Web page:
The Impact trained a couple of hours before the Sounders today. Some players and coach Jesse Marsch were available to the media afterward.
Here is my conversation with former Sounders Lamar Neagle of Federal Way, who was sent to Montreal along with Mike Fucito in the deal that brought Eddie Johnson to Seattle.
Why are you wearing No. 25?
LN: That was kind of all they had left by the time I got here. I asked for (No. 27). If I wasn’t going to get a lower number, 27 would have been nice. Close enough, I guess.
Alex Caskey has your number, and in some ways, a story similar to yours. LN: That’s funny. I saw he had the number. I said, ‘Good man.’ He was in Charleston just like me. If anybody was going to have it (it should be him).
What was your reaction to the trade?
LN: It was out of nowhere. After being protected (in the expansion draft) I thought I was good. And going into preseason, I was doing well. It was just one of those things. That’s part of the business. Unfortunately I have to leave my family, but it’s kind of better opportunities for everybody.
And yet, your playing time has been spotty so far.
LN: Towards the beginning I had a couple of injuries that were kind of keeping me out. Then I started to get back into it and I kind of wasn’t playing how I usually did. It’s just one of those things that people go through. I was going through it. I like to think I’m out of it now: I’ve been playing really well the last couple of weeks. But it’s still tough with Justin Mapp and Davy Arnaud playing the outside. Those are guys that have so much experience. Mapp’s like 27 and has been in the league 10 years. What can you do? I’m still learning from these guys. Hopefully in the second part of the season I’ll be getting more minutes.
Since something similar happened with Fucito, is part of it just system and opportunity?
LN: In terms of how you fit into a team, and how the coaches see you, and if you can fit into how they play. If that doesn’t work, then the best situation is to leave, really. Everybody knows that Mike Fucito is a good player. But if he doesn’t fit into your system, he has to find a place that fits him. Hopefully he’s found that in Portland.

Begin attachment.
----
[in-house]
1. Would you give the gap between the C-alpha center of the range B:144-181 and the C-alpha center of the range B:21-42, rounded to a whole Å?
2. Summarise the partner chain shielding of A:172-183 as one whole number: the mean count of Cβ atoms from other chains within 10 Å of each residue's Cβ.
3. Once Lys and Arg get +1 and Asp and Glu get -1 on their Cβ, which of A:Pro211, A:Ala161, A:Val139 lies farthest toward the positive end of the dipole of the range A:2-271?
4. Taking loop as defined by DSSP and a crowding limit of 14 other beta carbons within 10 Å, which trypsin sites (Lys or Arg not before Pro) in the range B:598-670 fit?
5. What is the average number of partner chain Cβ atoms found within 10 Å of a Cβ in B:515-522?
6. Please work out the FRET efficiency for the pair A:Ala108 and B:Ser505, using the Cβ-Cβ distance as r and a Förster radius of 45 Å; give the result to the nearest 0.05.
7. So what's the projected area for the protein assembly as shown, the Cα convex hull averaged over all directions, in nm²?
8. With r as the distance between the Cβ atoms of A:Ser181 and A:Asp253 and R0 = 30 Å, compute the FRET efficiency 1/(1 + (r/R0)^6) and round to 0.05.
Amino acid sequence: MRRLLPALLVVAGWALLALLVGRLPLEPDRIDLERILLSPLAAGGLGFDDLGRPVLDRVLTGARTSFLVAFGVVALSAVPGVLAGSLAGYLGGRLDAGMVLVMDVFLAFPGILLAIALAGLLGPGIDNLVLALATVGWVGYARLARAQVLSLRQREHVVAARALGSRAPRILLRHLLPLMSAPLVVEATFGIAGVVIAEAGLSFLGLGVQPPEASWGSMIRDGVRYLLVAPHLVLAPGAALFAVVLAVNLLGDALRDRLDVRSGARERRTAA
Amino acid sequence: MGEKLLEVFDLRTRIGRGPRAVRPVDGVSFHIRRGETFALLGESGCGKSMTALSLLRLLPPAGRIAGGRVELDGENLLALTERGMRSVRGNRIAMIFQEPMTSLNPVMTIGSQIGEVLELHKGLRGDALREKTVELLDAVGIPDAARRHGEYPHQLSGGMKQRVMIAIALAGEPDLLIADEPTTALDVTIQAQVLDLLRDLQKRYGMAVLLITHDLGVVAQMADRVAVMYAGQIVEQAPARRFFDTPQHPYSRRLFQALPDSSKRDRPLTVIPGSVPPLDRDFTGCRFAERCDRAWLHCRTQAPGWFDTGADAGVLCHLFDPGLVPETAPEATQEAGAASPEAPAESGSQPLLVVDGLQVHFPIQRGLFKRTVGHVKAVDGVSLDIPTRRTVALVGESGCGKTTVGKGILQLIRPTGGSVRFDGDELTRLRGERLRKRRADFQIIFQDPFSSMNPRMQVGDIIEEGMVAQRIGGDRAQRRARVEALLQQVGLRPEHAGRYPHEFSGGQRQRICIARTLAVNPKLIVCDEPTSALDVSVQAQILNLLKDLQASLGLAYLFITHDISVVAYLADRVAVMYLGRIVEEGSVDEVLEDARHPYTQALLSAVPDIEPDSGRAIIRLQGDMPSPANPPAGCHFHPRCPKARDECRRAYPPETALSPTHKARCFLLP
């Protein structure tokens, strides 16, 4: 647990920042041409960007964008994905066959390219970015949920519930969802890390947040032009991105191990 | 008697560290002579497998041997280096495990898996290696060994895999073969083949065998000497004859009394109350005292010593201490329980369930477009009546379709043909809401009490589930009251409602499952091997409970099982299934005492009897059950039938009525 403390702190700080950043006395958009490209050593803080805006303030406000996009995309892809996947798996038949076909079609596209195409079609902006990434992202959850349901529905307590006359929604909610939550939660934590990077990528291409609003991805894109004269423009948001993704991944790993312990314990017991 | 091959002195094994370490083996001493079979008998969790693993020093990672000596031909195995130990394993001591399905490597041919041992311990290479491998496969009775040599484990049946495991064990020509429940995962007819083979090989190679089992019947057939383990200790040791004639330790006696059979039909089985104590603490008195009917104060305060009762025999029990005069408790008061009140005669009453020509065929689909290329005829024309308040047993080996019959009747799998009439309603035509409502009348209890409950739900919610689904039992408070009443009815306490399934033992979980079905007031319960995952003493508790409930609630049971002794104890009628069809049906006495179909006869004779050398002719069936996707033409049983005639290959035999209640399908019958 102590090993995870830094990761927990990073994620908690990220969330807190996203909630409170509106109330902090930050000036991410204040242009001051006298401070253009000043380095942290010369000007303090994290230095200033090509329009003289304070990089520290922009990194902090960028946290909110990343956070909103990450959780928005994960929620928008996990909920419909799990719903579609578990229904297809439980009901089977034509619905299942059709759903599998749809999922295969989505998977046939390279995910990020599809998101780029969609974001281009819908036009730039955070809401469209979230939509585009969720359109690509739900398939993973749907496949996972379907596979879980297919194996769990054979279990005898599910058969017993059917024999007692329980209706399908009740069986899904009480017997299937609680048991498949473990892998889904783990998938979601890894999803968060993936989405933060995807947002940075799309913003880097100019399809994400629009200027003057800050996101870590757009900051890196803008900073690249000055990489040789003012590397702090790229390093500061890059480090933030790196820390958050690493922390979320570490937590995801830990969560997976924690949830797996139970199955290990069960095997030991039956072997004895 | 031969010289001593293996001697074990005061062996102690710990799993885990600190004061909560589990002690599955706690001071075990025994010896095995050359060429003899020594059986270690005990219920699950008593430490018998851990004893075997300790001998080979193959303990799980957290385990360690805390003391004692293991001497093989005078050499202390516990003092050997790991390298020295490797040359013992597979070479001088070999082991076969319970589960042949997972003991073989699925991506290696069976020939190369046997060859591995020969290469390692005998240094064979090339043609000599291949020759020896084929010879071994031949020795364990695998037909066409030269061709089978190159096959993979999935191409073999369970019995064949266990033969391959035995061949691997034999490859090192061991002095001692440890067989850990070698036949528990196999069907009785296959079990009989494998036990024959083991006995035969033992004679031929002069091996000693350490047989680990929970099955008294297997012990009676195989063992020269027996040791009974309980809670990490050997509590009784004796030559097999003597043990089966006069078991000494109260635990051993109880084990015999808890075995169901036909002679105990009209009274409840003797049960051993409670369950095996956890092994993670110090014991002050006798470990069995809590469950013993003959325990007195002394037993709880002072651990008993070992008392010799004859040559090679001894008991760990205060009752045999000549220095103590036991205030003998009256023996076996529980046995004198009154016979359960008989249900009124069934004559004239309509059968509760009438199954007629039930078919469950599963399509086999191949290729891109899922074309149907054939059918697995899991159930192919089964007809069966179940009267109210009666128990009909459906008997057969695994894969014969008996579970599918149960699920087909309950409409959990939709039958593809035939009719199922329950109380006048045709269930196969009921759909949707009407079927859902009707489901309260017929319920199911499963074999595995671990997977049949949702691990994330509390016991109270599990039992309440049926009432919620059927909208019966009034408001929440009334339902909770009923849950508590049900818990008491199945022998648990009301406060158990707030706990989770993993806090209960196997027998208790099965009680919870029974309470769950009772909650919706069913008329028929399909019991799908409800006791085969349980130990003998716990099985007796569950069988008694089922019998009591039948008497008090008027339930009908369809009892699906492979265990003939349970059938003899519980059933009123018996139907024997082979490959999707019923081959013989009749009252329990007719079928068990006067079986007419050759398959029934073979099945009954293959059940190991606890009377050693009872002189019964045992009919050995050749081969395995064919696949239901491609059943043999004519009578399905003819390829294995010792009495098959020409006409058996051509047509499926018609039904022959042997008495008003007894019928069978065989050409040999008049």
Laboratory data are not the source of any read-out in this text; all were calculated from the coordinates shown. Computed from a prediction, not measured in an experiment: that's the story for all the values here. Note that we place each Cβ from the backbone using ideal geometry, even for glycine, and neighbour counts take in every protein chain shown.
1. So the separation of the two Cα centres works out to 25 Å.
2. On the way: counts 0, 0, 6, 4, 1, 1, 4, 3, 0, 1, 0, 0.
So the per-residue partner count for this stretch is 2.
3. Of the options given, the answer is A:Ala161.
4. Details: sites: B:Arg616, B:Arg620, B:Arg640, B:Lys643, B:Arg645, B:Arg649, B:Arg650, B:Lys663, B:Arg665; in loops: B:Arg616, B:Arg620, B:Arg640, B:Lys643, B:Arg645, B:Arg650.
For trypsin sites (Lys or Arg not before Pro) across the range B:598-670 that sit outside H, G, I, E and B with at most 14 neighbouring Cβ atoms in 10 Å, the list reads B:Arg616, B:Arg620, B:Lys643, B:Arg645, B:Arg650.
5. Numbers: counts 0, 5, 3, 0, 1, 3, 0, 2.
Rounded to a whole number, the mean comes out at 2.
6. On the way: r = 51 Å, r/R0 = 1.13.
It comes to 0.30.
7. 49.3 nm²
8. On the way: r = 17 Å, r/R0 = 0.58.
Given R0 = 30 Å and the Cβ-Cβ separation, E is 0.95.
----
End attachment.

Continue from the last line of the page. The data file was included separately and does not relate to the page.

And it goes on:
Did you circle this date, do you dream of scoring the winning goal?
LN: No matter what league it is or where you’re from, if you’re playing against your old teammates and stuff like that, you want to get the better. Especially for us now. We’ve gone through some tough times and had some tough decision. So we definitely want to come out and start after this break with a good game, and a good win, and start our stadium off right.
Any similarities between the Sounders and Impact?
LN: Each team has its own characteristics. They aren’t too similar, from the coaching staff to the organization.
Is everyone buzzing about opening a new stadium?
LN: Coming out to Montreal, I really had no idea what it was going to be like. From the first game we had like 60,000, somewhere around there. The support has been phenomenal. I’m sure with the new stadium, everybody’s going to want to see it. I’m excited to see it and to see our fans there.
How are you getting along in a French-speaking city?
LN: It’s not bad. I live in an area where it’s more English speaking. They still speak French, but if you speak English it’s not a problem. It’s a nice city. It’s kind of small, and I’m able to walk around different neighborhoods and kind of get an idea of the people around.
I also asked Sounders coach Sigi Schmid about the trade:
“Eddie Johnson, we felt, had some of the qualities we were looking for in a front runner: He had the speed to stretch a defense, he had the ability to hold up play, he’s decent in the air, which he’s shown over the months that’s he’s been with us as well,” he said. “Those were the qualities we were looking for. So we knew we were giving up quality and guys who had done very well for our franchise. But we felt that was something that made sense to do because of what we were going to gain at the other end.”
Finally, I asked if the club was willing to make the deal even at the risk of Neagle or Fucito blooming in Montreal the way Sebastien Le Toux had in Philadelphia.
“That can always happen,” he said. “That’s something, every time you make a trade that’s very possible to happen.”